Hive users can check how probedecode optimization applies for their MapJoin queries using their standard query explain plans. For instance, in the explain plan below, one can find the new probeDecodeDetails field of the TableScan operator. In this particular query the operator will decode early ss_item_sk column, then perform a lookup on the MAPJOIN_48 hash table (broadcasted) and finally decode only the matching rows from the ss_ext_sales_price column similar to the example above (note that ss_sold_date_sk is a partition column).

Reducer 2 <- Map 1 (SIMPLE_EDGE)
Reducer 3 <- Reducer 2 (SIMPLE_EDGE)
        Map 1
           Map Operator Tree:
                  alias: store_sales
                  probeDecodeDetails: cacheKey:MAPJOIN_48, bigKeyColName:ss_item_sk
                  Statistics: Num rows: 82510879939 Basic stats: COMPLETE Column stats:COMPLETE
                  TableScan Vectorization:
                      native: true
                   Select Operator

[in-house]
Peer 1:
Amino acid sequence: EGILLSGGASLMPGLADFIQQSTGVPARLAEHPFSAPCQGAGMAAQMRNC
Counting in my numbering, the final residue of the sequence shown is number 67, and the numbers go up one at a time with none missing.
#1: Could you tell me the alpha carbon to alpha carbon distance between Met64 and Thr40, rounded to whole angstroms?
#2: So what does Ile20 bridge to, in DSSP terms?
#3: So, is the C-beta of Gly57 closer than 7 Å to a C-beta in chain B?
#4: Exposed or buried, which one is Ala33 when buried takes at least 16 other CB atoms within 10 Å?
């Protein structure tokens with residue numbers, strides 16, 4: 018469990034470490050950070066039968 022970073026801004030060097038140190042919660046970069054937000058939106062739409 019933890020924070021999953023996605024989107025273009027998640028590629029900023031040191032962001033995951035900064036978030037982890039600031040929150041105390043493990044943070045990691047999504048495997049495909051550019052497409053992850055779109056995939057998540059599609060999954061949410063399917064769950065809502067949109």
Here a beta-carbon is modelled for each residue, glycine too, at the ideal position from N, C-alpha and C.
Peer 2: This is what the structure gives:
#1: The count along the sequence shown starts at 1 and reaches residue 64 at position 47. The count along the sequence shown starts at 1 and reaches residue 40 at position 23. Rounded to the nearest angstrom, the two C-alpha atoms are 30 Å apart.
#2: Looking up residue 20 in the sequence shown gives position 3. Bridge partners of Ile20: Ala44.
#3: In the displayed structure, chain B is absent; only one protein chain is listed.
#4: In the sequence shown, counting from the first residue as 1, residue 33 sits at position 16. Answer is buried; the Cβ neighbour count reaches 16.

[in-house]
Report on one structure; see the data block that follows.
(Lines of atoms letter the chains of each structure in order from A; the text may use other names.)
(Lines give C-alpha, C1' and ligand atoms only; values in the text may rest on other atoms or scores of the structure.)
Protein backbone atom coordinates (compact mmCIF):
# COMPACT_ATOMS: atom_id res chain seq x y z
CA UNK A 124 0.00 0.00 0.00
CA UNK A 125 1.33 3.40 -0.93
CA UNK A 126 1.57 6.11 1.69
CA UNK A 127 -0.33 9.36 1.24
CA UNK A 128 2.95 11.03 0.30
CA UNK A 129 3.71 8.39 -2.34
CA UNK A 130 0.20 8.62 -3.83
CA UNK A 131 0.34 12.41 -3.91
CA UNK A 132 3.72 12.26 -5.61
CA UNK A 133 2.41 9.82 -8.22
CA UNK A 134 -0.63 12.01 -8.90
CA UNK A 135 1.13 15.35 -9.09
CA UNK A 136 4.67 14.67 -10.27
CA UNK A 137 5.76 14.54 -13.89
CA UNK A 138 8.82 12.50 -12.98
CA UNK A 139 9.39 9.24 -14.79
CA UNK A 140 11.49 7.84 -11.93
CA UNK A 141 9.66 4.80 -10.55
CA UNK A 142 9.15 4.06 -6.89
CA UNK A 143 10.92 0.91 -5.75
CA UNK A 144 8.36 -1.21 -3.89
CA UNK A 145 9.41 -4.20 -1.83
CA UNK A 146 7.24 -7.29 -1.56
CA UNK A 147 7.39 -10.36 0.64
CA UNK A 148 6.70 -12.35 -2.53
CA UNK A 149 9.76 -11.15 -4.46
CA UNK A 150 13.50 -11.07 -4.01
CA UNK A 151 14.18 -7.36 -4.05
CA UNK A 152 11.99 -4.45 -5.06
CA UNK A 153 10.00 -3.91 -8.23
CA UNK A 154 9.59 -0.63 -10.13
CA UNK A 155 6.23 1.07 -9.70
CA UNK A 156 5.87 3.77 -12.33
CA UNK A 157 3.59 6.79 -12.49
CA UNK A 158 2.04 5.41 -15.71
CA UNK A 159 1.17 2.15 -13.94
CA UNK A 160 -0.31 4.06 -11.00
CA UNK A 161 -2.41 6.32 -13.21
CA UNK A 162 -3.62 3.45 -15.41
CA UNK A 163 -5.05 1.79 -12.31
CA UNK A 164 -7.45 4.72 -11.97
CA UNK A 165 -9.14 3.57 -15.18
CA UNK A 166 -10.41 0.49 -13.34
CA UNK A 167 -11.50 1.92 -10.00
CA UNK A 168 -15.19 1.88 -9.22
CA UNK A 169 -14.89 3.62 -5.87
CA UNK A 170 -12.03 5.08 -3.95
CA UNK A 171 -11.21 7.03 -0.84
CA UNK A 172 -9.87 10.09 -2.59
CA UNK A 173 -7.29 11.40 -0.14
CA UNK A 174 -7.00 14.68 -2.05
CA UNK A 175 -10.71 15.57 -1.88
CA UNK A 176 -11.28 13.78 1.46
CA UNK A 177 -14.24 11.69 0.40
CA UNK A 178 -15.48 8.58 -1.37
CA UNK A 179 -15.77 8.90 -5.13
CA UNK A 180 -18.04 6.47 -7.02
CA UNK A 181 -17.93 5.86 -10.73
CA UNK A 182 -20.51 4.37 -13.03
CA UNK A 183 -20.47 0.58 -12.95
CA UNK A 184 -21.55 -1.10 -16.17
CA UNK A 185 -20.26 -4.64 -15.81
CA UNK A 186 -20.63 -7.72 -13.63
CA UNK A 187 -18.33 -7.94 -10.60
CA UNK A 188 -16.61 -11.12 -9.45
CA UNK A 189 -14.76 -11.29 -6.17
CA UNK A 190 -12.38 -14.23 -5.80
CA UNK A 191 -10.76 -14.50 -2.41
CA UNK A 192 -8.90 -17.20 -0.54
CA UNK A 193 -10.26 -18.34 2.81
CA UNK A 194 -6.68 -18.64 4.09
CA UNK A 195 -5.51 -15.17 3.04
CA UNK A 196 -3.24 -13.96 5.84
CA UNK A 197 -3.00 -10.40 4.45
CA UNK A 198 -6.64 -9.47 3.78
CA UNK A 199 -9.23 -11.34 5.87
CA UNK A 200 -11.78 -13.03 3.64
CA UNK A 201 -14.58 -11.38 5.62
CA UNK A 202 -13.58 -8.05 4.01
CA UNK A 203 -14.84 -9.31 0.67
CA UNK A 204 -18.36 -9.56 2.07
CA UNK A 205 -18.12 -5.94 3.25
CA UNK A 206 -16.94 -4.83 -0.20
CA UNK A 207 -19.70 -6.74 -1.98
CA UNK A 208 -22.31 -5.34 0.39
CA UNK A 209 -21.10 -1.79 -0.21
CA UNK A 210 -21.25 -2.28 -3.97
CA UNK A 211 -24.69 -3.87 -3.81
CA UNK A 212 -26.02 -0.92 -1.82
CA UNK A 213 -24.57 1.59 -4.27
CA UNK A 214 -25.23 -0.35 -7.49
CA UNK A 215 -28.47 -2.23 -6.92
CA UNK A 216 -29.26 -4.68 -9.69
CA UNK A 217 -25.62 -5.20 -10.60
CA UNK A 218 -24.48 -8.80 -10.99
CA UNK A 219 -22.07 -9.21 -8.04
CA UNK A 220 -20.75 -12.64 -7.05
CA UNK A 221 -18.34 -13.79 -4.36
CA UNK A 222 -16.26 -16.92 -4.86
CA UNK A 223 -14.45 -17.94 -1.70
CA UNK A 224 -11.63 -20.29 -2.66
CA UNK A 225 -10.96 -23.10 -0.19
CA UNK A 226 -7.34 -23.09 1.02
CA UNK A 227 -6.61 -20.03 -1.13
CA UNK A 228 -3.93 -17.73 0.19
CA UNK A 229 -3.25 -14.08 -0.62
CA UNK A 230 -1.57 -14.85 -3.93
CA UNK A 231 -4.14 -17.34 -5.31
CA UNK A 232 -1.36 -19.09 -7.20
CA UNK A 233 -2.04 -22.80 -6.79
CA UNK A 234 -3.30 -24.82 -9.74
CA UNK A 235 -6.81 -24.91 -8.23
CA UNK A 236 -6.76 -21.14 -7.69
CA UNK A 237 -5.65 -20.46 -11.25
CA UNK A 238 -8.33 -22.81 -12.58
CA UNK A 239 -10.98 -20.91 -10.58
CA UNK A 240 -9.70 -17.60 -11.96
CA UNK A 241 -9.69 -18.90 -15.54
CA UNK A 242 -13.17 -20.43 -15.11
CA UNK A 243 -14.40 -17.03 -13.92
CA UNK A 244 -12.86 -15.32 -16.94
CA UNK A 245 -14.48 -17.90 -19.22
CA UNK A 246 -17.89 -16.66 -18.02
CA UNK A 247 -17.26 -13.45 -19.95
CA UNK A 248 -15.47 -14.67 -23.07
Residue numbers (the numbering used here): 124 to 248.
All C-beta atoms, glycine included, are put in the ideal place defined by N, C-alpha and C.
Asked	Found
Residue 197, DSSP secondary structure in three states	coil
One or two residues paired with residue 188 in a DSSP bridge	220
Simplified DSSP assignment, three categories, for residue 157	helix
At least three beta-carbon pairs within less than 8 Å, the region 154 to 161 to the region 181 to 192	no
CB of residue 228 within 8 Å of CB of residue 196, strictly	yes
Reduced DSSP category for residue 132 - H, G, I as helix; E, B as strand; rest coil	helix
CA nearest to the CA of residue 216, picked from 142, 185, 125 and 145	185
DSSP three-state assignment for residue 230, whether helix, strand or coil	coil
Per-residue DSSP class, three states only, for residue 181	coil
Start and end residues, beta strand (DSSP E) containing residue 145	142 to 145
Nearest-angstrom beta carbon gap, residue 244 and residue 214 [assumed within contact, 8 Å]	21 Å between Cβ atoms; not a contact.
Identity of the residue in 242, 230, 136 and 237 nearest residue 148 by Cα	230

expressions: ss_item_sk (type: bigint), ss_ext_sales_price (type: decimal(7,2)), ss_sold_date_sk (type: bigint)
                    outputColumnNames: _col0, _col1, _col2
                    Select Vectorization:
                        className: VectorSelectOperator
                        native: true
                        projectedOutputColumnNums: [1, 14, 22]
                    Statistics: Num rows: 82510879939 Basic stats: COMPLETE Column stats:COMPLETE
                    Map Join Operator
                      condition map:
                           Inner Join 0 to 1
                        0 _col2 (type: bigint)
                        1 _col0 (type: bigint)
                      Map Join Vectorization:
                          bigTableKeyColumns: 22:bigint